The trailer prominently features a scene at Bad-Anon, a support group for video game villains, presided by one of the Pac-Man ghosts (Clyde, if you must know) and in which Zangief from Street Fighter, Bowser from Super Mario Bros and Doctor Eggman from Sonic the Hedgehog all make prominent cameos. It's a hilarious scene, and it encapsulates much of Wreck-It Ralph's appeal: appearances by fan-favourite videogame characters, clever in-jokes, and a commitment to fleshing out the inner worlds of videogames right down to the characters. This is one movie you'll want on Bluray DVD so you can pause and admire all the visual detail - from the tiny cameos by more videogame characters (Chun-Li makes at least two appearances if I recall correctly) to the fact that Game Central Station, the terminal in between game machines, is literally a giant multi-plug socket on the inside.
Which is, of course, exactly what you expect of a Disney animated film, even a non-Pixar one. What matters more is a strong emotional throughline that makes us care about the characters, especially our titular hero. And it's there; on one level, we feel for Ralph when he's unappreciated and ostracised from his own gameworld - but on a deeper level, it's about his need to define himself beyond his assigned label as videogame bad guy. Which is echoed by Vanellope, a malfunctioning character in her game who just wants to participate like the rest of her peers. They go from annoying each other - well, more like Vanellope annoying Ralph - to a deep and heartwarming friendship based on their common desires and helping each other realise them.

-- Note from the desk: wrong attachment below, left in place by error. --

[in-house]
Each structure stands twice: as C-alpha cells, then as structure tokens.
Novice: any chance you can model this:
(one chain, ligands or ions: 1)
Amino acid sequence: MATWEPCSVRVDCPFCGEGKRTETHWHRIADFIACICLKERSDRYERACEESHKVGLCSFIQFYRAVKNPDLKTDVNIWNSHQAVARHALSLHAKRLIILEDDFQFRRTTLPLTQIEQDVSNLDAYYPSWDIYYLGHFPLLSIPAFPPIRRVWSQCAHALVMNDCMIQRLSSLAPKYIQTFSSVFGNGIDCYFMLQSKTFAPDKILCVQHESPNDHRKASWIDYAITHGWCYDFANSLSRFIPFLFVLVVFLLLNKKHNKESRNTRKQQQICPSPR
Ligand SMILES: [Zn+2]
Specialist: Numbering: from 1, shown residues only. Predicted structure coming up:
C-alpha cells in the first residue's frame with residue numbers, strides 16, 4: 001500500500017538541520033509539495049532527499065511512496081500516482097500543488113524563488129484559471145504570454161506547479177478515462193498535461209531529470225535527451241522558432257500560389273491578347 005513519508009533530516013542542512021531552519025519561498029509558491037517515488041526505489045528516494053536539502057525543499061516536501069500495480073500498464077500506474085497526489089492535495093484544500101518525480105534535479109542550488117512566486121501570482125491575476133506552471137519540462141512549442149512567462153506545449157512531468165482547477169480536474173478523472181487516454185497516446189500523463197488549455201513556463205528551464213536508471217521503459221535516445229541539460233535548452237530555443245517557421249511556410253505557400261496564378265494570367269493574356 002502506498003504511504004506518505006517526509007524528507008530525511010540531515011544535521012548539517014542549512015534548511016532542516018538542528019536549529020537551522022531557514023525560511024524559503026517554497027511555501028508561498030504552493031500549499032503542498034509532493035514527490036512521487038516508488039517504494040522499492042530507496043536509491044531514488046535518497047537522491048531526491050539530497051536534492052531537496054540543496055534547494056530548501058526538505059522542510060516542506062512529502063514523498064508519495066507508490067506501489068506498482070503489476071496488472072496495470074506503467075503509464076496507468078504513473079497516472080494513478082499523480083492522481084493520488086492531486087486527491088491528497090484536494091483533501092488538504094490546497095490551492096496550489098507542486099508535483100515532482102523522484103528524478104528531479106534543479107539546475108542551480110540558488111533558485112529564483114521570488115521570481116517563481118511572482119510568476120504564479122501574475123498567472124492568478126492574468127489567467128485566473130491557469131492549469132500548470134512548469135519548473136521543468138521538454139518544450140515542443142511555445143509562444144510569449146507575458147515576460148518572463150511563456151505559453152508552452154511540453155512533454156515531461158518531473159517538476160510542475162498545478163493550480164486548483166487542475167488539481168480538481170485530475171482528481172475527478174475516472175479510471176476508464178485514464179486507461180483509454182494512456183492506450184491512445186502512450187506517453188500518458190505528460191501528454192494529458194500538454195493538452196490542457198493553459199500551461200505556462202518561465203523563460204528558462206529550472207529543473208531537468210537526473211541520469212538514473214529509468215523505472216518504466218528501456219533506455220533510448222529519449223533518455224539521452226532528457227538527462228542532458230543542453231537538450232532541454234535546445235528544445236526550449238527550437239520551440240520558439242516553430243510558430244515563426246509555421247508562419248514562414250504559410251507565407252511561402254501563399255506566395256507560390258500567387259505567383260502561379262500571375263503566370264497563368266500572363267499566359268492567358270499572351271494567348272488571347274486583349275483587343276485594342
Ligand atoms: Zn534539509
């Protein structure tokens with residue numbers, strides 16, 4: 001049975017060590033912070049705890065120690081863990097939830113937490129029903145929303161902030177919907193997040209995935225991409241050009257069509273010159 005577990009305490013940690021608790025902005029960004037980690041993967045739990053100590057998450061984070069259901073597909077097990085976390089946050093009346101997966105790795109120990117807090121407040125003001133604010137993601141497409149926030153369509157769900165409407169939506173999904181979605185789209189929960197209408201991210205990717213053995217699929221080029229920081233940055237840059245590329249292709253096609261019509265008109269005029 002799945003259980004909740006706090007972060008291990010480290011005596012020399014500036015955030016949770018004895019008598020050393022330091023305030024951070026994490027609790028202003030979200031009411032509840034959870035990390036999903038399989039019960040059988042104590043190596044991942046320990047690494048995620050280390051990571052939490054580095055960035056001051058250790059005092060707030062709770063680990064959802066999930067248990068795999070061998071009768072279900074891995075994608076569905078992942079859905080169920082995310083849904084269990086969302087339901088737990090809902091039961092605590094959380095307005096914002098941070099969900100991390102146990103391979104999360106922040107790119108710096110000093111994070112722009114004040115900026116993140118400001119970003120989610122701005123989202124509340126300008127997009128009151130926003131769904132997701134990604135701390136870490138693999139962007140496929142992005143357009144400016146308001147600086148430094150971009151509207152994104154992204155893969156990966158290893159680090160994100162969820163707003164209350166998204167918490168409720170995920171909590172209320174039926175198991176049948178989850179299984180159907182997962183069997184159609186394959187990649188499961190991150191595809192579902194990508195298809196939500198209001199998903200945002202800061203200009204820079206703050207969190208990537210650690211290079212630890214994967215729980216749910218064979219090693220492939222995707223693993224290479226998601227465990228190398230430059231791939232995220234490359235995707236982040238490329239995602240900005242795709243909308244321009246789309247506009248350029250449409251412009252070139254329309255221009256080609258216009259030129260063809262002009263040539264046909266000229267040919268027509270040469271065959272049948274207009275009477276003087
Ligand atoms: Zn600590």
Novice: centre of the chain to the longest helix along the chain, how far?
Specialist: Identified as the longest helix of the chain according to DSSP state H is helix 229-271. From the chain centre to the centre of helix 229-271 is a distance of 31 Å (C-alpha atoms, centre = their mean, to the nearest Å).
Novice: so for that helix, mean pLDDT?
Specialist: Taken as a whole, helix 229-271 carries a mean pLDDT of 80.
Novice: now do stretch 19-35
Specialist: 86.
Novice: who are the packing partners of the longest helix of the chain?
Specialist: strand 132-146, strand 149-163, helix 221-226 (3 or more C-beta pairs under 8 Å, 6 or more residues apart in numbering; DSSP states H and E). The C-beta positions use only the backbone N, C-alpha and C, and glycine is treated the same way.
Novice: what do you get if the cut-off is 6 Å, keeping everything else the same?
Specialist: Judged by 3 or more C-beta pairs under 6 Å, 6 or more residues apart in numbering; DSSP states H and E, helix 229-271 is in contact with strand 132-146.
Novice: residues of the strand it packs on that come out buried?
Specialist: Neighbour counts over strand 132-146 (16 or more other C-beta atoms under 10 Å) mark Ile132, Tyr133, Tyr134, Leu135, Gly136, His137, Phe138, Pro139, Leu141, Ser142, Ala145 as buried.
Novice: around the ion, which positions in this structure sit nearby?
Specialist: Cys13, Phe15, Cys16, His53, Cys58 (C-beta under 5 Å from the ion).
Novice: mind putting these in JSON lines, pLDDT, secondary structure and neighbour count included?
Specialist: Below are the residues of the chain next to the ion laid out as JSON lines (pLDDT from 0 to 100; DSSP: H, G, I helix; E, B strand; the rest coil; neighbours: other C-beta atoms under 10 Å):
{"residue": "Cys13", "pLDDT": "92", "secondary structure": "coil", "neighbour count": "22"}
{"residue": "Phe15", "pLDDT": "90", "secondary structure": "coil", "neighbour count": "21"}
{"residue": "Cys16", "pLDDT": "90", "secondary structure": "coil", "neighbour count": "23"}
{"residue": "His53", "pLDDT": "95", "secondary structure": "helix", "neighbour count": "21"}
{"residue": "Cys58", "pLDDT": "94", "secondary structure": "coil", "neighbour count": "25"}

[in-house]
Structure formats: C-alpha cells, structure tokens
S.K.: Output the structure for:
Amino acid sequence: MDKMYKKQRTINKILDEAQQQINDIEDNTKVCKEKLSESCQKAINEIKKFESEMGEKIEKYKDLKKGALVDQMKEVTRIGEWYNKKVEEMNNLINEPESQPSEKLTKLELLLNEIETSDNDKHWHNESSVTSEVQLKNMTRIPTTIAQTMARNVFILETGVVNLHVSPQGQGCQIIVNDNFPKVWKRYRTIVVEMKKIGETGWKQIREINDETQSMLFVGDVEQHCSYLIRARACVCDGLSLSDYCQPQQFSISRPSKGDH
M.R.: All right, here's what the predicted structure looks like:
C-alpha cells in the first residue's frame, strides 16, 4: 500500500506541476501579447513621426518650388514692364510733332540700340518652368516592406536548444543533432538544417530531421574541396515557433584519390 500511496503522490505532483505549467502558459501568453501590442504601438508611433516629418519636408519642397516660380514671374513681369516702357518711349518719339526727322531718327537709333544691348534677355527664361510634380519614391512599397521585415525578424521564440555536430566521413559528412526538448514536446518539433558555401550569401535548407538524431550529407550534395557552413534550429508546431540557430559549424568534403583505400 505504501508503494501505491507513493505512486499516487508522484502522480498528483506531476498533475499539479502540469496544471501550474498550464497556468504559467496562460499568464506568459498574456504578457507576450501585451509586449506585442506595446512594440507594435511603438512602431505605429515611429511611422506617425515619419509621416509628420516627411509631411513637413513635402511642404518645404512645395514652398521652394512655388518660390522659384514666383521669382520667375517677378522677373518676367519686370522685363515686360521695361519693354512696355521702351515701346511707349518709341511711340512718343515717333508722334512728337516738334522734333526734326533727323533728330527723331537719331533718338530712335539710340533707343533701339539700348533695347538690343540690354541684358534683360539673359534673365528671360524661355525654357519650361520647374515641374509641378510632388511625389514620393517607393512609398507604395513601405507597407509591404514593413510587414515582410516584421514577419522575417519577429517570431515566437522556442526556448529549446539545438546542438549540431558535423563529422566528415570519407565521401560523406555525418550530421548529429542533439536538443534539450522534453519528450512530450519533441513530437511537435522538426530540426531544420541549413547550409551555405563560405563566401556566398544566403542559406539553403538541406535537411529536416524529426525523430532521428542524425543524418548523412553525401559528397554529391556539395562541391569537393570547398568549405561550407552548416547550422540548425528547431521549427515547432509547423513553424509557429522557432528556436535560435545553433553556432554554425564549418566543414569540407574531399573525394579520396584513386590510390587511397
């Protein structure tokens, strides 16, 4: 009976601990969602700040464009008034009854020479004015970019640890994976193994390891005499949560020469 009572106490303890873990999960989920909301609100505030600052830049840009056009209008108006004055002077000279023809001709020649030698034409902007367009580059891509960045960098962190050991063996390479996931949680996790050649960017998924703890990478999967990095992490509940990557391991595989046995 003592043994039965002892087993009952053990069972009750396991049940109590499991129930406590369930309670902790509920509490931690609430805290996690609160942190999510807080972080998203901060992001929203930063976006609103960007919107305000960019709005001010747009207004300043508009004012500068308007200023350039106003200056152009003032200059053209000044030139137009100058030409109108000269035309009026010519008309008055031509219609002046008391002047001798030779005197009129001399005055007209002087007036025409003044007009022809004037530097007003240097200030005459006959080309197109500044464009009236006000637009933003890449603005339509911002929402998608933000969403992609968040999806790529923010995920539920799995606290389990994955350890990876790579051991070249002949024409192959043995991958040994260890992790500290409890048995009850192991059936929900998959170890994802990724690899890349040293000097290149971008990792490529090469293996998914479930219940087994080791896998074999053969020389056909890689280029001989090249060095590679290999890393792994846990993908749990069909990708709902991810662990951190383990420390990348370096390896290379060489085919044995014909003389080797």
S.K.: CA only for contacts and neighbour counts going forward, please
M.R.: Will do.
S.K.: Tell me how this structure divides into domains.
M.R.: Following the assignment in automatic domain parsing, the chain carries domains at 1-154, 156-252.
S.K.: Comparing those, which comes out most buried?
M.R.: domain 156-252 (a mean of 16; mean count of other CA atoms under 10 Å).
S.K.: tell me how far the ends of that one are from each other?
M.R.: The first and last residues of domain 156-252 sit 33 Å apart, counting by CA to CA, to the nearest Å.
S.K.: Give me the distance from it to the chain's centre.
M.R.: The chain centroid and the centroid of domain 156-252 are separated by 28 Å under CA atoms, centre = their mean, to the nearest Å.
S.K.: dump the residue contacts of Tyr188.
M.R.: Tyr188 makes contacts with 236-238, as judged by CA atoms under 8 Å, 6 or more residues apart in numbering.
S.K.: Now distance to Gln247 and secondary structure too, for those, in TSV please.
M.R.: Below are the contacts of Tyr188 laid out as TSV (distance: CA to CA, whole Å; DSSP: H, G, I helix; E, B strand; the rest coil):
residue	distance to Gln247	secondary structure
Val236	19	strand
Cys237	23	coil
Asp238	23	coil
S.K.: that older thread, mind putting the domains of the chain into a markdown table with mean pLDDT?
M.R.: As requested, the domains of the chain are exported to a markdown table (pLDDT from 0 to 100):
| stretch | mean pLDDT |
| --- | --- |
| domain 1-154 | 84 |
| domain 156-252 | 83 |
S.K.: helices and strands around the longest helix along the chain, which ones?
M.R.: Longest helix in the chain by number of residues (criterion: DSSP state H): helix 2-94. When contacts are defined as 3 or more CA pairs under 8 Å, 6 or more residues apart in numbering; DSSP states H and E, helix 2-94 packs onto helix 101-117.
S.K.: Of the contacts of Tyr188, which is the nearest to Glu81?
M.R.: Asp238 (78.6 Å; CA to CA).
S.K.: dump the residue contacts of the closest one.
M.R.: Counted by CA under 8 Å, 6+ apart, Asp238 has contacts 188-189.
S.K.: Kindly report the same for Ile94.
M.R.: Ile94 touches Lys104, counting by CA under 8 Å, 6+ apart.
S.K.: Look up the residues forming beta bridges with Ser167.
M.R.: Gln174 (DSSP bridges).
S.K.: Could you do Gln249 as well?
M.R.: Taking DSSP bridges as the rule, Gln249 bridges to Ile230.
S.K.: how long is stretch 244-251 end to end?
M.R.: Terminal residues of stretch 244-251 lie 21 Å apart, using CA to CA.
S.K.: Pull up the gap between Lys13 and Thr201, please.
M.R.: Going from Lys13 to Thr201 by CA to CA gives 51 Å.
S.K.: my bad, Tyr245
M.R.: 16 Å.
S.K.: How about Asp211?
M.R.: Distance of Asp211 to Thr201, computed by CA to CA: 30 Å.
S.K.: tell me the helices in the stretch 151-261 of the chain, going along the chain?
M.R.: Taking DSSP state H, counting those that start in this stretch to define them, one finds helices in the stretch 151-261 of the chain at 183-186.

It's just... we've seen this kind of thing before. Not just the funny anthropomorphosized world, but also the unlikely-friendship storyline. Two wildly differing characters will meet, bicker, then grow in affection towards each other, only to have a heartbreaking fall out, before reconciling in time for a triumphant climax. It's in the majority of Pixar films, as well as most animated films from other studios as well - in fact, come to think of it, it's the classic romantic comedy formula that goes way back beyond Pixar. Which gives Wreck-It Ralph a been-there-done-that feel that's just a little disappointing. It feels like Walt Disney Animation Studios - through director Rich Moore, and writers Phil Johnston, Jennifer Lee and John Reardon - is trying too hard to make a Pixar-ish film and deliberately aping their formula.